Here’s a secret. When traveling, most authors go to bookstores and check to see how many copies of their books are on shelves at the local bookstore. For us, it used to be a gamble. Chuck would say, “Do you want to get depressed?” and I’d say, “Yes, let’s take a chance.”
Now, since we’ve been writing For Dummies, it’s a pretty safe bet. Today, we are in Overland Park Kansas; it’s pouring rain, and we’ve nothing to do. So off we go to the local bookstore. There are 13 copies of our books. Pretty cool. Anyway, we noticed that the 2nd edition of Overcoming Anxiety For Dummies is out. We’re proud of our work on the 2nd edition. We updated the material and added a part on what’s making people more anxious today. We included chapters on finances, violence, natural disasters, and terrorism. Chapters packed with timely information, common sense tips, and strategies for dealing with tension.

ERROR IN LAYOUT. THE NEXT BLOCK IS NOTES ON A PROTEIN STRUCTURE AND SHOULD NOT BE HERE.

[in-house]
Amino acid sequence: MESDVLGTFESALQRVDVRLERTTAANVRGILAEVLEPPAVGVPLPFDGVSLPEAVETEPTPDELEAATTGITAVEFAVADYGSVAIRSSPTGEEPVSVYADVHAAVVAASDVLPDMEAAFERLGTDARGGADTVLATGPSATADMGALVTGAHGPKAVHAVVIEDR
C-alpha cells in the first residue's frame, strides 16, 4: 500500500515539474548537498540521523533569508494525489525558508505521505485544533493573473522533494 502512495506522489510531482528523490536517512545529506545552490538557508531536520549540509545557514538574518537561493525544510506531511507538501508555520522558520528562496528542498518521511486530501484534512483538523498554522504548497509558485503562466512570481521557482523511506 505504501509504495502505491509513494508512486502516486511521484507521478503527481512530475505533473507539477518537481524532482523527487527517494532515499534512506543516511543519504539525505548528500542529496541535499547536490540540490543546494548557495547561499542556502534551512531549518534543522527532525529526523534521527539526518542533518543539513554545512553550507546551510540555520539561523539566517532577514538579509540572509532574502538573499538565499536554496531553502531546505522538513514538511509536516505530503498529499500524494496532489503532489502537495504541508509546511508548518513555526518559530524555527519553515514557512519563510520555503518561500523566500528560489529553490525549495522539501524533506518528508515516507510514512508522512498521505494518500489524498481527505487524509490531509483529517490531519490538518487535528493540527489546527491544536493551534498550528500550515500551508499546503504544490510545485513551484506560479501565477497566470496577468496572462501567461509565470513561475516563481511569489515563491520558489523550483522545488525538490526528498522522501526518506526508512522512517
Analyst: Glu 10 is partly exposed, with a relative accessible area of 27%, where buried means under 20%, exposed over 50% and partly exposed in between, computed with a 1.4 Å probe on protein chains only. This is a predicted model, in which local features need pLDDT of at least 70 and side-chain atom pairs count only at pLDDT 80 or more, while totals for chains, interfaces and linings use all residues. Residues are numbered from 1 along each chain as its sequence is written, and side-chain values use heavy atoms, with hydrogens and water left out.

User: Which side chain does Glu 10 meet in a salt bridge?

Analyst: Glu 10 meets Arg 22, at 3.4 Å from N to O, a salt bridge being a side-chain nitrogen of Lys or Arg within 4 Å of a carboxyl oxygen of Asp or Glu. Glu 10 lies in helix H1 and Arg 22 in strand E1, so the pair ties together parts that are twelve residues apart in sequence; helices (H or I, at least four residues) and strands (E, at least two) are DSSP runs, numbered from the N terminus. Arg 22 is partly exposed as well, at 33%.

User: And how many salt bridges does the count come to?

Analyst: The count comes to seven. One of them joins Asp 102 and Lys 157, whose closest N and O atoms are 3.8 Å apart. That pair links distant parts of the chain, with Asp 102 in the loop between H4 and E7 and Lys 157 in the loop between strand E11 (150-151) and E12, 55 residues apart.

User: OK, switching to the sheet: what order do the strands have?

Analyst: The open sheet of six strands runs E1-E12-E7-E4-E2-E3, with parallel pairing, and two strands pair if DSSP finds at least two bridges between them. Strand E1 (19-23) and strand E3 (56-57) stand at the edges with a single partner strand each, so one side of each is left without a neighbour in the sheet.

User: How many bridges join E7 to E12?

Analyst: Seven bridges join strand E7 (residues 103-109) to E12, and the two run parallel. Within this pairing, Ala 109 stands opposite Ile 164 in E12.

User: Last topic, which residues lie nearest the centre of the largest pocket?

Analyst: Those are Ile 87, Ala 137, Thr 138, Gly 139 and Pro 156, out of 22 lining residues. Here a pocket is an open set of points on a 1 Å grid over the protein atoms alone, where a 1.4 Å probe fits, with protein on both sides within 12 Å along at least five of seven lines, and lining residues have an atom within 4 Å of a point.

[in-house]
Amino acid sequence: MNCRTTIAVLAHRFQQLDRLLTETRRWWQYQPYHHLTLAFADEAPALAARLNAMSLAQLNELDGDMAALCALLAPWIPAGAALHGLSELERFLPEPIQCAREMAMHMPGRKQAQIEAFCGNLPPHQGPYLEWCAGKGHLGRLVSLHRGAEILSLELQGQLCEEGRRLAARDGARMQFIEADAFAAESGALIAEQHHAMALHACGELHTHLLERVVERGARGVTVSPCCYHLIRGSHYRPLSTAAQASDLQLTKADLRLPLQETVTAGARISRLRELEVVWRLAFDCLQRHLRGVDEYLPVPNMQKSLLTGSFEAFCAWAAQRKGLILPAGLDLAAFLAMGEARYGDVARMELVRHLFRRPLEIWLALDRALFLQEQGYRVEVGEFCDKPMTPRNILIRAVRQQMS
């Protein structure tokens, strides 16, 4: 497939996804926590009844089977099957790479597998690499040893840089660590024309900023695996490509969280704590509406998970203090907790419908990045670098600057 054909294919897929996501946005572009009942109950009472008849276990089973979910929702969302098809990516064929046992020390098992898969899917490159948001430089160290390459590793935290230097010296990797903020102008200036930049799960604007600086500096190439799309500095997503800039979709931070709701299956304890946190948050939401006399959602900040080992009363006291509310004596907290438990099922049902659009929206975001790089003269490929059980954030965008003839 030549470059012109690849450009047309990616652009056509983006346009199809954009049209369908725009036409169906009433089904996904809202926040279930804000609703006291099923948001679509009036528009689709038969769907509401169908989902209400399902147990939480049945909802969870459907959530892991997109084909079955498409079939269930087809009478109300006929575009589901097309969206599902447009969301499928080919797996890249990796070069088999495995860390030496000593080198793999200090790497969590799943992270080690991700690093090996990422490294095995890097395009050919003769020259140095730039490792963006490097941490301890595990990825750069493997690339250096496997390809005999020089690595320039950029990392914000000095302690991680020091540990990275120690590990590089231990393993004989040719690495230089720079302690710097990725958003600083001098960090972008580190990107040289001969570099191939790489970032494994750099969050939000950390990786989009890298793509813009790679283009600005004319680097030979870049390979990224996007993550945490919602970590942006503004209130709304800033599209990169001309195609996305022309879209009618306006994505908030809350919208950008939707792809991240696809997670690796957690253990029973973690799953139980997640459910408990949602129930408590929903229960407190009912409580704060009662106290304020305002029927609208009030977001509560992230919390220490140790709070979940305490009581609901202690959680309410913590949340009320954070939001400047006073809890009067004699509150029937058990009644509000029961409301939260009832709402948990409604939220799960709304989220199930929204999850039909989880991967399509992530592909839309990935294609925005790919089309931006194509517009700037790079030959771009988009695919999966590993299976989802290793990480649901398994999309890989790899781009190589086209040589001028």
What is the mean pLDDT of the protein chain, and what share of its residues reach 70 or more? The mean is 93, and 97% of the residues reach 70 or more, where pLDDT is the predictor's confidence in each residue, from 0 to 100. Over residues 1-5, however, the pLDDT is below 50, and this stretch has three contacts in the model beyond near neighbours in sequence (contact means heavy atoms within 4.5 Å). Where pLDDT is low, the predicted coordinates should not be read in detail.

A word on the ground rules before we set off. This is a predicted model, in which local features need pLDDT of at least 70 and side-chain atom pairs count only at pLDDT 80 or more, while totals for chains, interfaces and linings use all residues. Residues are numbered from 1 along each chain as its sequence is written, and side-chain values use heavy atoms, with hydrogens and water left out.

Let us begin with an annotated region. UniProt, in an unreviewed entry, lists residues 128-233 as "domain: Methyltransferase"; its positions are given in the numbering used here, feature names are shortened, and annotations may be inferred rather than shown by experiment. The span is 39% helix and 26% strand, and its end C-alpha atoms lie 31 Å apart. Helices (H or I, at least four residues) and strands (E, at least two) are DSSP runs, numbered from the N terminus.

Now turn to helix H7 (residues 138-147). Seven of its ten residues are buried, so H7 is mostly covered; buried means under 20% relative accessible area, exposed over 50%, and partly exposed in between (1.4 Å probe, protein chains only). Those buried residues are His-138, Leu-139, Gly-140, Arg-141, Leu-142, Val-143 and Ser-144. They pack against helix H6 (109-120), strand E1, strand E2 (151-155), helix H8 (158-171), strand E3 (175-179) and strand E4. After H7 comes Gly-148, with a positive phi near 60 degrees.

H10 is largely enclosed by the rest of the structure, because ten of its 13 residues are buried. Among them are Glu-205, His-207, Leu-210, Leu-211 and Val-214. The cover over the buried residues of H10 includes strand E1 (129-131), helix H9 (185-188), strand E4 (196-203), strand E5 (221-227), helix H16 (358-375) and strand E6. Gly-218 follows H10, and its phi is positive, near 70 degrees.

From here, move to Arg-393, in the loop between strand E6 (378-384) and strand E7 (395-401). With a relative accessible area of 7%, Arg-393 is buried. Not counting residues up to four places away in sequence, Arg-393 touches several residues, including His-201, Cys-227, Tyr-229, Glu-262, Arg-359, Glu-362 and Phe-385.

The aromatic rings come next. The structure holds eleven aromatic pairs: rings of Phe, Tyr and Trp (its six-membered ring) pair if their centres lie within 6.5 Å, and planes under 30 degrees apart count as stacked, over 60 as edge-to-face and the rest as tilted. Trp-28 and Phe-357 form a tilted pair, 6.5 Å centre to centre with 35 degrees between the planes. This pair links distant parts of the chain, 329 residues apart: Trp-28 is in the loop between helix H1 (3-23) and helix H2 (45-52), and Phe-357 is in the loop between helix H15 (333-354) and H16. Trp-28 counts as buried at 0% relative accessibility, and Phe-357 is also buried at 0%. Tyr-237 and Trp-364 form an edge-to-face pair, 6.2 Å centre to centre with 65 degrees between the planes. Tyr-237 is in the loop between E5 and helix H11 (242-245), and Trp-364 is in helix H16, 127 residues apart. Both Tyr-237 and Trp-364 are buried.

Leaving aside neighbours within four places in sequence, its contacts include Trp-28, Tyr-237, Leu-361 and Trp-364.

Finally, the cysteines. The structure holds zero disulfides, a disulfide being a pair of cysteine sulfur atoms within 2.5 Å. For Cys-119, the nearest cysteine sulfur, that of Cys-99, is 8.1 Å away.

But, as walk among the shelves here in Kansas today, we’re facing another source of tension and anxiety. We’re here visiting family. A family that has been separated by miles, time, and interests brought together to see an aging and ill parent. As a concerned onlooker, I can feel the discomfort–the words left unsaid, the regret, the wish to change what was. The family that never was and can’t become; it’s too late. A few days and people will return home. Sadness mostly left behind, but pain lingering.
What lessons can we learn from this present and that past? Just some hope that we can pass along a few gifts to the next generation. More hugs, expressions of love, understanding, tolerance and forgiveness. So that our children don’t have to come to us one rainy day filled with anxiety and regret.